Braves: Ronald Acuña will be just fine

Ronald Acuña

The Braves gave Ronald Acuña the day off on Wednesday, and I don’t think anybody can blame Brian Snitker’s decision, given Acuña’s recent results at the plate.

It’s undoubtedly been the roughest slump of Acuña’s young career. However, there’s no reason to believe this will continue for long. Ronald Acuña Jr. will be perfectly fine. He’ll be better than fine. Let’s put this recent stretch into perspective. 


People seem to forget that around this time last year, Acuña suffered a brutal ACL tear. Whether you’re a world class athlete or not, an ACL tear is not an injury that can just be brushed over. It is something that takes time to fully recover from. But beyond just the ACL, Acuña has dealt with a multitude of seemingly endless ailments since returning to the field. It’s no shock that he hasn’t been able to find a rhythm. 


Acuña’s .214/.327/.612 slash line (with only one long ball) in the last 28 days is unsightly. However, the underlying metrics show that despite the lack of visible success, the 24-year-old has been mashing. Acuña has been obliterating baseballs right at defenders. Seemingly every game, he has a hard-hit line drive out or a warning track flyout. As he starts to fully recover from his injuries, more of those deep flyouts will leave the ballpark. Acuña’s 90th percentile HardHit% on Baseball Savant points to how well he’s been hitting, and his other peripherals suggest positive regression will eventually come in a big way.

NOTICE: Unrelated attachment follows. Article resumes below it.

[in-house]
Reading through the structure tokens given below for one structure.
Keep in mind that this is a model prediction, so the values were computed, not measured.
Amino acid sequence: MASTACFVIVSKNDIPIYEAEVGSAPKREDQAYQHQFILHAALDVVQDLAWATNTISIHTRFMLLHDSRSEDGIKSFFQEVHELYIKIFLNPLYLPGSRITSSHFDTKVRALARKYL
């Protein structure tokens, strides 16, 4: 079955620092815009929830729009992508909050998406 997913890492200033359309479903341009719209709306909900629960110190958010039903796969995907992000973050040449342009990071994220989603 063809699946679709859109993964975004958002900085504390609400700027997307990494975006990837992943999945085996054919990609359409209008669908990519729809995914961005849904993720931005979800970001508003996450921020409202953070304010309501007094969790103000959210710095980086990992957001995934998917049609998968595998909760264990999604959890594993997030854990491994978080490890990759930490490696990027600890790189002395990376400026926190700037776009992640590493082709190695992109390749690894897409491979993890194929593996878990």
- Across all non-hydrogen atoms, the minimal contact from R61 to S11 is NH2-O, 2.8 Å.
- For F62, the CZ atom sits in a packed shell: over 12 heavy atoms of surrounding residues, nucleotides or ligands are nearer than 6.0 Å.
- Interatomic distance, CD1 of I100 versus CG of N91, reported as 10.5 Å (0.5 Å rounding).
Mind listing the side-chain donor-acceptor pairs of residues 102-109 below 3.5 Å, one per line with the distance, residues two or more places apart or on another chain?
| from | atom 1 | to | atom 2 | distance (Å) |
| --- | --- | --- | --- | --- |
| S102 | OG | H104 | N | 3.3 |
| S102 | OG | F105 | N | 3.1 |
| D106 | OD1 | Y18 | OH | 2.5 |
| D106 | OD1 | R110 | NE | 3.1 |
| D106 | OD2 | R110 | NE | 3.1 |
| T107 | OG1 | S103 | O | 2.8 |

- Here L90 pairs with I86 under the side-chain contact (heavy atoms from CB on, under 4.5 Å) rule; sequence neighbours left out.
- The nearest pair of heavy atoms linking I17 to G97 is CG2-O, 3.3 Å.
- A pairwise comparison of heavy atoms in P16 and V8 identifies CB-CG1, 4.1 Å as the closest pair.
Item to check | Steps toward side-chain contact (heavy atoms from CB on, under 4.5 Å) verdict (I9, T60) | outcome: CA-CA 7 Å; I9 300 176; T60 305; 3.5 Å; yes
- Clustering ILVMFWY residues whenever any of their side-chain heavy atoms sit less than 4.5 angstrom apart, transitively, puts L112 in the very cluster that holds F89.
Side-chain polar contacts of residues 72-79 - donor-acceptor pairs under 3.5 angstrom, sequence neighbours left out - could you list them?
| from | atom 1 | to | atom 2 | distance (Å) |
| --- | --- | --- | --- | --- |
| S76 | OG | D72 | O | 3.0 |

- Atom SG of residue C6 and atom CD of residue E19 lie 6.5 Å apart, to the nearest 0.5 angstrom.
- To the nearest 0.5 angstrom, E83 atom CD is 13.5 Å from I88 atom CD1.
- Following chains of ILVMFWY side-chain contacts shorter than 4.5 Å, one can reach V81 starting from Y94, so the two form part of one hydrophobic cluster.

With last night still fresh in our minds, can we just appreciate how atrocious some of these calls against Acuña have been? I’m not even going to say anything else about it:

Ground Balls

If there’s one thing that sticks out about this season, it’s Ronald’s ground ball rate. 47.8 percent of the balls in play by the superstar are on the ground. That’s not a recipe for success, but it’s also something that will regress towards his career averages eventually. There are worse problems to have, particularly a high strikeout rate. At least Acuña is putting the ball in play, and doing so with a high exit velocity.


Stop the criticism of Ronald Acuña. Baseball is a game of peaks and valleys, and he’s just in one of those valleys. That doesn’t change the fact that he is a generational talent. I understand that he’s set the expectations high, but there needs to be a level of grace for every ballplayer — even Acuña is allowed to slump. 

Photo: Rich von Biberstein/Icon Sportswire


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